Dish and Design welcomes spring with first live event in many seasons
Spring entertaining — eating, cooking, drinking and home decor — was the topic of Wednesday night's first in-person Dish and Design event since 2019.
Guests at the Great Lakes Culinary Center in Southfield were treated to not only demonstrations from area chefs and hosting experts, but also food, beverages and plenty of super giveaways.
"It's been a long winter ... we are ready for the entertaining season to begin," said presenter Laurie Bolach of Olive's Bloombox in Ferndale. She shared ideas for floral arrangements and talked about 2022 decor trends like table gardens, moss and spring wreaths using fresh florals and greens.
Hosted by Homestyle columnist Maureen Feighan and presented by Busch's Fresh Food Market, Dish and Design started with wine, beer and a hearty spread from the center's chef Reva Constantine with roasted tomato tarts, chili-glazed chicken quesadillas, beef yakitori and loads of chips, dips and spreads.
In addition to Bolach, the evening's lineup included chef and caterer Cat Shapiro of Thyme & Honey presenting a quick charcuterie class, Ivy Kitchen and Cocktails owner Nya Marshall with a cocktail demo and an informative cooking presentation from executive chef Lloyd Roberts of Adachi restaurant in Birmingham.
Filippa Schultz of Washington Township, who was one of 100 or so audience members at Dish and Design, said she prefers the in-person event. Through the pandemic, The Detroit News held several virtual Dish and Design events that offered a unique look at some of the presenters' homes and stores. Nothing beats the buzz of a live event with food samples and beverages, though.
"I just think it's a well-rounded program," she said. "They've got some food, they've got cocktails and florals, I like that. I think people are really excited to get back out there."
In addition to chef Constantine's spread, the audience was also treated to mini charcuterie samples from Shapiro's Thyme & Honey. She built a small version of one of her charcuterie boards and gave tips on making your own at home. Also called cheese boards or grazing boards, she recommends starting with "a food-safe vessel" like wood or marble, and avoid using metal.
As for cheeses, she says mix it up and explained what she calls "the three cheese rule."
"You're going to pick one cheese that you love, a new cheese that you've never tried before and then you're going to pick a fan favorite, so there's a little bit of everything for everyone," she said.
Marshall from Ivy Kitchen also passed out samples for the audience. She prepared drinks from her restaurant's menu, which also offers a number of nonalcoholic cocktails. The Dish and Design audience got to taste the Jefferson Boulevard, which Marshall made with Woodford Reserve, Aperol, Amaro, some lemon juice and honey syrup. She garnished it with a stem of rosemary.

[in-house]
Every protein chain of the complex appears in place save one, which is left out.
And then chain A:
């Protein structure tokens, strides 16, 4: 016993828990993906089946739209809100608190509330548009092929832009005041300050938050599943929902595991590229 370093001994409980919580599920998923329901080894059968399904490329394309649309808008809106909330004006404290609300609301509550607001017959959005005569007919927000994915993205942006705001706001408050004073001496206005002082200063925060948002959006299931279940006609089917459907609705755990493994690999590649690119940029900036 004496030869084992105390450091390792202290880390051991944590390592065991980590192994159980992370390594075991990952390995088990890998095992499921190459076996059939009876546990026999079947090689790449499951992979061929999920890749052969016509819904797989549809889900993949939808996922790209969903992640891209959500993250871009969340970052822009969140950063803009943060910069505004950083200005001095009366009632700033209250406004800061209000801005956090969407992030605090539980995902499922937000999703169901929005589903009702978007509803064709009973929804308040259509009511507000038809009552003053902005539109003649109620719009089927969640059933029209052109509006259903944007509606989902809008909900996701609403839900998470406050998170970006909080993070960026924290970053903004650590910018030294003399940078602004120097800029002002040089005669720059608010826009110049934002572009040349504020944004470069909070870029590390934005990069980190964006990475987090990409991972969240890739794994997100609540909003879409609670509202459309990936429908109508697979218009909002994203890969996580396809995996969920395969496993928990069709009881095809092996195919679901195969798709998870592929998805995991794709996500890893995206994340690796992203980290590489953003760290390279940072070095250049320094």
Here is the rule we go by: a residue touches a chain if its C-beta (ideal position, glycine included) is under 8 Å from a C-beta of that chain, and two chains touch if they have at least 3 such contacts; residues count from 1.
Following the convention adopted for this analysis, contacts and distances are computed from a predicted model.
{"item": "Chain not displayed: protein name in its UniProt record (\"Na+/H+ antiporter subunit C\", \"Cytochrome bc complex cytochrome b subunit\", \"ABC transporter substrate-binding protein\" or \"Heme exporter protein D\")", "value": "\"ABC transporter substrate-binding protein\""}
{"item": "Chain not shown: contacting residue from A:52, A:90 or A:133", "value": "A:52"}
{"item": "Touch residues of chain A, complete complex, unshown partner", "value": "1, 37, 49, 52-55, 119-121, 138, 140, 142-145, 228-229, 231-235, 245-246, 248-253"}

While making drinks Wednesday night, Marshall talked about Ivy Kitchen's commitment to being an eco-friendly restaurant, offering great food in her east side Detroit neighborhood and setting a good example for the area.
"We are one of the only restaurants that recycle our food waste," she said. "We have a partnership with the largest Black-owned composter around, Detroit Dirt ... we recycle all of our food waste and then in turn buy it in the spring and turn it into great compost that we use in our gardens and our flower beds."
Besides armfuls of books — including "Iconic Images of Detroit's Past: History through the lens of The Detroit News" — other Dish and Design giveaways were gift certificates to the presenters' businesses, including $300 for Adachi in Birmingham.
The restaurant's executive chef Roberts, who has learned from world-renowned masters like Jean-Georges Vongerichten and Nobu Matsuhisa, treated the audience with a cooking demonstration of Adachi's King Salmon Newstyle with kizami wasabi, Asian pear and soy ginger dressing.
He and his team prepared samples for the audience of a bright seaweed salad and the delicately prepared sushi-grade salmon dressed with freshly made soy ginger dressing.
Roberts said the dressing had a variety of uses.
"This one you can use on a cold dish, you can use it on a salad, or on a meat, it's very versatile," he said. Among the cooking tips he shared was to use grapeseed oil, which he said is flavorless, when you make homemade dressing to let other flavors shine.
For ingredients like pickled ginger or Kizami wasabi, he recommends going to local specialty shops like 168 Asian Mart or H Mart.